What it is:
How it works/Example:
For reporting purposes, a business must classify all items as either assets or liabilities. Cash, for example, is usually considered an asset. However, if a business receives a prepayment on an order, the prepayment is classified as a liability because the payment represents something that is not yet earned and is therefore owed to the customer. Upon delivery of the good or service to the customer, the deferred revenue is reclassified as an asset.
An example of deferred revenue is when a cleaning company accepts the prepayment of its monthly fee for its services in advance for a whole year. The company agrees to provide cleaning services for that year. If the cleaner cannot provide the service at any point during that year, the "unearned" fee must be refunded. The "unearned" portion of that fee is treated as deferred revenue until the monthly service is performed. At that point, the fee is earned and is converted into an asset. Other examples of deferred revenues are advance payments to a software company before the software is completed, advance payment to a plumbing contractor before the installation is completed, or prepayment for an annual subscription to an online service. In each of these cases, the payment is treated as deferred revenues.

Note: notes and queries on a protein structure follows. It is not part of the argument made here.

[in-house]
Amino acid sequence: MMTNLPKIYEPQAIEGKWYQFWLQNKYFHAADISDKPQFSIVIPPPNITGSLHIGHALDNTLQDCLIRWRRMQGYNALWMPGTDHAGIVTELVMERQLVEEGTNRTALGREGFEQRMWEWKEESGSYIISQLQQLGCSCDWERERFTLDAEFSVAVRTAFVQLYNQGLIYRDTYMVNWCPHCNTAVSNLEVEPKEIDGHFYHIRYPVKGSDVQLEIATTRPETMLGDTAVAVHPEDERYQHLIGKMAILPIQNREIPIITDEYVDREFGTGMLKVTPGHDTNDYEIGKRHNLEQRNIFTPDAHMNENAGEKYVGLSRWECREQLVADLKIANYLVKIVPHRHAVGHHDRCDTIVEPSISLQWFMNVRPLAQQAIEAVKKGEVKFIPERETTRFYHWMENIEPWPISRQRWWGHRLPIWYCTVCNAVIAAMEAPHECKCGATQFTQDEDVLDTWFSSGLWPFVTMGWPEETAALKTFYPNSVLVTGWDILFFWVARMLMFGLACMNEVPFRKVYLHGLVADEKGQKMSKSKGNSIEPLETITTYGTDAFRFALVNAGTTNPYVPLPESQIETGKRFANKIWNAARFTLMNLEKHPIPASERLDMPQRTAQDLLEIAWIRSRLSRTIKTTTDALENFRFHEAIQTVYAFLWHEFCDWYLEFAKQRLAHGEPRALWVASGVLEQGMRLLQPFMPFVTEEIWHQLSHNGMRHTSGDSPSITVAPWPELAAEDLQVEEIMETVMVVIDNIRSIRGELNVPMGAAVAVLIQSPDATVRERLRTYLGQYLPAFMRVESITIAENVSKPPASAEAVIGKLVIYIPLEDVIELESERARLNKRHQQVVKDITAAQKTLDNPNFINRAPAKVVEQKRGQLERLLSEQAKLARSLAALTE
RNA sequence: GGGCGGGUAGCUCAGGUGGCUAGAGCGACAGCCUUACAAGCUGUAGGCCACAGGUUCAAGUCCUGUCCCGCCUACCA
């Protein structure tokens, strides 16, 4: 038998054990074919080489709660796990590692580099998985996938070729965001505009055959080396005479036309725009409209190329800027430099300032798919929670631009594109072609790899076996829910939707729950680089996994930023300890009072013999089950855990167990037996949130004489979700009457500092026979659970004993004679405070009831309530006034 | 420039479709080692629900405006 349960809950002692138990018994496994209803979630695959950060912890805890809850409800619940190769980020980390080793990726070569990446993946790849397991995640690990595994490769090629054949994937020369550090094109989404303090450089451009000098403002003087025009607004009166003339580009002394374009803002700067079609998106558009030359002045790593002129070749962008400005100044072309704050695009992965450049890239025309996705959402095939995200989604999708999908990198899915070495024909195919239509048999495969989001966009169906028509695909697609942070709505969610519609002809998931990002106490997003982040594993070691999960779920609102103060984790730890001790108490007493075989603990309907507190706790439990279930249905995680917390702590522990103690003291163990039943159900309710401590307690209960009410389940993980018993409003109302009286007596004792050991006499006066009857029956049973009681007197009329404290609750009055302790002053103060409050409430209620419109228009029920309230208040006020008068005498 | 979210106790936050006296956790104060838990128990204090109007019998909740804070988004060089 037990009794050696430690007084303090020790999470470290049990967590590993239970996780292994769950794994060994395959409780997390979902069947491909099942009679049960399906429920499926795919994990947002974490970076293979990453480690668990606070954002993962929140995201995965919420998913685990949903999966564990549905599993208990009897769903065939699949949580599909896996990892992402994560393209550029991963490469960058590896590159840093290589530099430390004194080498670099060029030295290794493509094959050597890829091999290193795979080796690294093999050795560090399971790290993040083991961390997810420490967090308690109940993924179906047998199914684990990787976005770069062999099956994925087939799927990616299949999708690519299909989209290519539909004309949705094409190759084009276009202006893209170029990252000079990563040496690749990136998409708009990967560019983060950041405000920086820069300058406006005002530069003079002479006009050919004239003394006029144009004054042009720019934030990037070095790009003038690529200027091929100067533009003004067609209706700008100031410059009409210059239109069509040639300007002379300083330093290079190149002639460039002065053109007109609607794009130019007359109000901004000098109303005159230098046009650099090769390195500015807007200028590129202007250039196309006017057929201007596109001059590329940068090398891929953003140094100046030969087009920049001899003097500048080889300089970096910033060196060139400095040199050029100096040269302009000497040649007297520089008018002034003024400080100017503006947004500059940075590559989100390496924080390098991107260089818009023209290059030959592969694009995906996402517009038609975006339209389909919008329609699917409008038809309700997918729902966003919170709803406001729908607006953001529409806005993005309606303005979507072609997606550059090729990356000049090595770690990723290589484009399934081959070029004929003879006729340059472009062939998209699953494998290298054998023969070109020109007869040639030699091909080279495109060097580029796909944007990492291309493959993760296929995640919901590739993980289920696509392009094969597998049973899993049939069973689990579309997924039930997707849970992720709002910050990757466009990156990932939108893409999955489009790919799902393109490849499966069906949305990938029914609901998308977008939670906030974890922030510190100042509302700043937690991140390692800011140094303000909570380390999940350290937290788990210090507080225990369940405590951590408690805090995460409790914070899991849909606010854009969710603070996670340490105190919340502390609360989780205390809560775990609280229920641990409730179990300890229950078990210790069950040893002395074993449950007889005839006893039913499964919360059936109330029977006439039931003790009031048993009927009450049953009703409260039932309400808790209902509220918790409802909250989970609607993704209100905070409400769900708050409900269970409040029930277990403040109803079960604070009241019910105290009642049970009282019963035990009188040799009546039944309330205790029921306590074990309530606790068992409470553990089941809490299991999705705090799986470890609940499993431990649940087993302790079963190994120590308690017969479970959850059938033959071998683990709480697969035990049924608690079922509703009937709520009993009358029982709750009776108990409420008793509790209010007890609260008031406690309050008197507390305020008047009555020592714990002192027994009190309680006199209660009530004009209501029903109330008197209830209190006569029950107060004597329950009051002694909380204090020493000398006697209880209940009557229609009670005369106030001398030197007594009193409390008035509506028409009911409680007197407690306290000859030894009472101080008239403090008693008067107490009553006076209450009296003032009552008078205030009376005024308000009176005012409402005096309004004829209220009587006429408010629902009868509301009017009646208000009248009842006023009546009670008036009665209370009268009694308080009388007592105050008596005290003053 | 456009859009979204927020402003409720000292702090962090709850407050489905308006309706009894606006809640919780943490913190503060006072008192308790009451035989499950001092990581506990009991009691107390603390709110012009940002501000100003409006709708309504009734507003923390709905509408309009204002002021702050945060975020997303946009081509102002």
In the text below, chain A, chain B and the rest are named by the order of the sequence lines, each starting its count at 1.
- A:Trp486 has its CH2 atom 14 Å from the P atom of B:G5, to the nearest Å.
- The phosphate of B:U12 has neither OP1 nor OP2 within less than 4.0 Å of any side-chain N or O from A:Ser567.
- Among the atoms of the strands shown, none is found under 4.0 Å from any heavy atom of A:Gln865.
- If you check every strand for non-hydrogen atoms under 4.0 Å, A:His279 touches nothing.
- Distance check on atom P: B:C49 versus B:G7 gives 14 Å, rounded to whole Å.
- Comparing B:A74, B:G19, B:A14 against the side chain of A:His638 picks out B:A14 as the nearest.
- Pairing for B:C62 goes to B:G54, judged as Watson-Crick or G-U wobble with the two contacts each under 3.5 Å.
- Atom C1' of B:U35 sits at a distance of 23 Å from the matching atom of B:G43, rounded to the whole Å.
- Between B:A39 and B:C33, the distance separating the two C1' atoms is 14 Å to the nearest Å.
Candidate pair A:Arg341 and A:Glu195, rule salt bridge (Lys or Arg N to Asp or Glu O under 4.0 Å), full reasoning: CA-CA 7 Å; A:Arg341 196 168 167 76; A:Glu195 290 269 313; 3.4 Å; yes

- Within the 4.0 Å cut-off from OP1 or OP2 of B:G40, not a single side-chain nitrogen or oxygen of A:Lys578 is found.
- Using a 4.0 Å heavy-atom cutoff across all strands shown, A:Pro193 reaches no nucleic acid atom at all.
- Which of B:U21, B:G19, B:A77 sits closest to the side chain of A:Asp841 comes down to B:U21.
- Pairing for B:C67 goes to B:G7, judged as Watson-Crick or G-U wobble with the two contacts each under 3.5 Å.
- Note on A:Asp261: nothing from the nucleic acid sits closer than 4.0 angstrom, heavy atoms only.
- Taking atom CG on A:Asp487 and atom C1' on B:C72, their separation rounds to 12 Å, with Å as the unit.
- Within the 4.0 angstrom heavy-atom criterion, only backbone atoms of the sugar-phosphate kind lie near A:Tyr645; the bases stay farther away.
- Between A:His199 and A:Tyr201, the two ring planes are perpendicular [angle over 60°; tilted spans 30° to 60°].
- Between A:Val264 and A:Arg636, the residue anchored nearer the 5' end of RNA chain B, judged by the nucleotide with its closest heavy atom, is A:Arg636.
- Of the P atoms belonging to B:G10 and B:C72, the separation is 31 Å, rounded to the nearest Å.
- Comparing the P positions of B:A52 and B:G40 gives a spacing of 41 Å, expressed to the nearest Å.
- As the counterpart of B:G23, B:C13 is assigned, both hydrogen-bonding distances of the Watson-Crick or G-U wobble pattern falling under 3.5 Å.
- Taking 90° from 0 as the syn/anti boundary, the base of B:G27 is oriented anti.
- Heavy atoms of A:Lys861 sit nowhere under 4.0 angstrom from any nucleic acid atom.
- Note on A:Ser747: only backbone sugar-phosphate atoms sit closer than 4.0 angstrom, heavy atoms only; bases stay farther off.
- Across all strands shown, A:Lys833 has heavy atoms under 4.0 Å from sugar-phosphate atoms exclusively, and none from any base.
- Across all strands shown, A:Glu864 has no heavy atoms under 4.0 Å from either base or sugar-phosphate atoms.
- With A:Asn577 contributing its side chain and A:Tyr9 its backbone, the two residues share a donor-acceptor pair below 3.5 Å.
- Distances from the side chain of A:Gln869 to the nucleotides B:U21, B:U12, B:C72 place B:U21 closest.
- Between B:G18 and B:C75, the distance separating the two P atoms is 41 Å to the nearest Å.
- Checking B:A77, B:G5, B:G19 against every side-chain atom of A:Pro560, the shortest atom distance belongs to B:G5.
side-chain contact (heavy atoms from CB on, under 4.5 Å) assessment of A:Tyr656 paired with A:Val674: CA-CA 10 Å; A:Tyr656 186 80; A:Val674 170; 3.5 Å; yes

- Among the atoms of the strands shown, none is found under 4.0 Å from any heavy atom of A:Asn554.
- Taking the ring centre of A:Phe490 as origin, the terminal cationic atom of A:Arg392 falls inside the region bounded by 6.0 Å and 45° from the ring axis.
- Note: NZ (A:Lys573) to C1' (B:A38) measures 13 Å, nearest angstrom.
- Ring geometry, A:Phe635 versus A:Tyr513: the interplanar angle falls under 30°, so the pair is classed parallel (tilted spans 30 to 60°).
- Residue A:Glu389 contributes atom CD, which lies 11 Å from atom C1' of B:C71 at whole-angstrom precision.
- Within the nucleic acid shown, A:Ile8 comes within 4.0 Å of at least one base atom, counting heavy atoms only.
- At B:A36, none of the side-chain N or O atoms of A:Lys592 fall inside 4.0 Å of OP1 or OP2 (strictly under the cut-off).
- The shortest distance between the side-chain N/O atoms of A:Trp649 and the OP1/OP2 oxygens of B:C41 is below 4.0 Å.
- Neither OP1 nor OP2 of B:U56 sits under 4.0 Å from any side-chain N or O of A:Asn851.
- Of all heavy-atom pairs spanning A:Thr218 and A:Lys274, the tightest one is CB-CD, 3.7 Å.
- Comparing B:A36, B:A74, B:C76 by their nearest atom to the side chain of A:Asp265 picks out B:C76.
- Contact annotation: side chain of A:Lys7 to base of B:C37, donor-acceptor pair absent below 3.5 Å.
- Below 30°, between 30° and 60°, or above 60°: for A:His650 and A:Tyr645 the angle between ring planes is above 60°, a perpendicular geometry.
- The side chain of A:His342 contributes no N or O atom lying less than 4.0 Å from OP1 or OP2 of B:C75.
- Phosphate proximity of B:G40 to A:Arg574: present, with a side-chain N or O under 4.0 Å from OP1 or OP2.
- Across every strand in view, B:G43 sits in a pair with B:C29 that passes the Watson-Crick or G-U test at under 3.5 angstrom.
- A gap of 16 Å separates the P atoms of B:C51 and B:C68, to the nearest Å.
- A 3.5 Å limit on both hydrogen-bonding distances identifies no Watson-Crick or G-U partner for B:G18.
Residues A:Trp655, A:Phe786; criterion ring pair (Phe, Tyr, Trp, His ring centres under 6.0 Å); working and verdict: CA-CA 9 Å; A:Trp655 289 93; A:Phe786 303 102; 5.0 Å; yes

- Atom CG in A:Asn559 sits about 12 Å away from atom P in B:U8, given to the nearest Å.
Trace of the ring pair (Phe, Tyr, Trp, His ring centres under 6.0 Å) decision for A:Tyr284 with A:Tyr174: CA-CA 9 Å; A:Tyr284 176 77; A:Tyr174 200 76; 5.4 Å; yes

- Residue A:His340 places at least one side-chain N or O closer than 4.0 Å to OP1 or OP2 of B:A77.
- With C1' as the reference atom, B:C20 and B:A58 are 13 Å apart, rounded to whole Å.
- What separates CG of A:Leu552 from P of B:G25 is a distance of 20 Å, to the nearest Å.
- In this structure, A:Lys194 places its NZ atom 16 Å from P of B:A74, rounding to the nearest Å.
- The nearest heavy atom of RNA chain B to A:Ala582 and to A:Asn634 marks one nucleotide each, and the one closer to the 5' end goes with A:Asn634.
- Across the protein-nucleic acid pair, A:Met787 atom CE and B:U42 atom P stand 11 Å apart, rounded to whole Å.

Why it matters:
Deferred revenue is important in accurate reporting of assets and liabilities on a company's balance sheet. It protects against treating unearned income as an asset, and guards against overvaluing the company's net worth. While cash is usually the safest asset a company owns, not all cash is equal: Cash that is classified as deferred revenues is at risk until the work is performed. Deferred revenues are important to a company because they finance operations without encumbering other company assets or drawing on a credit line.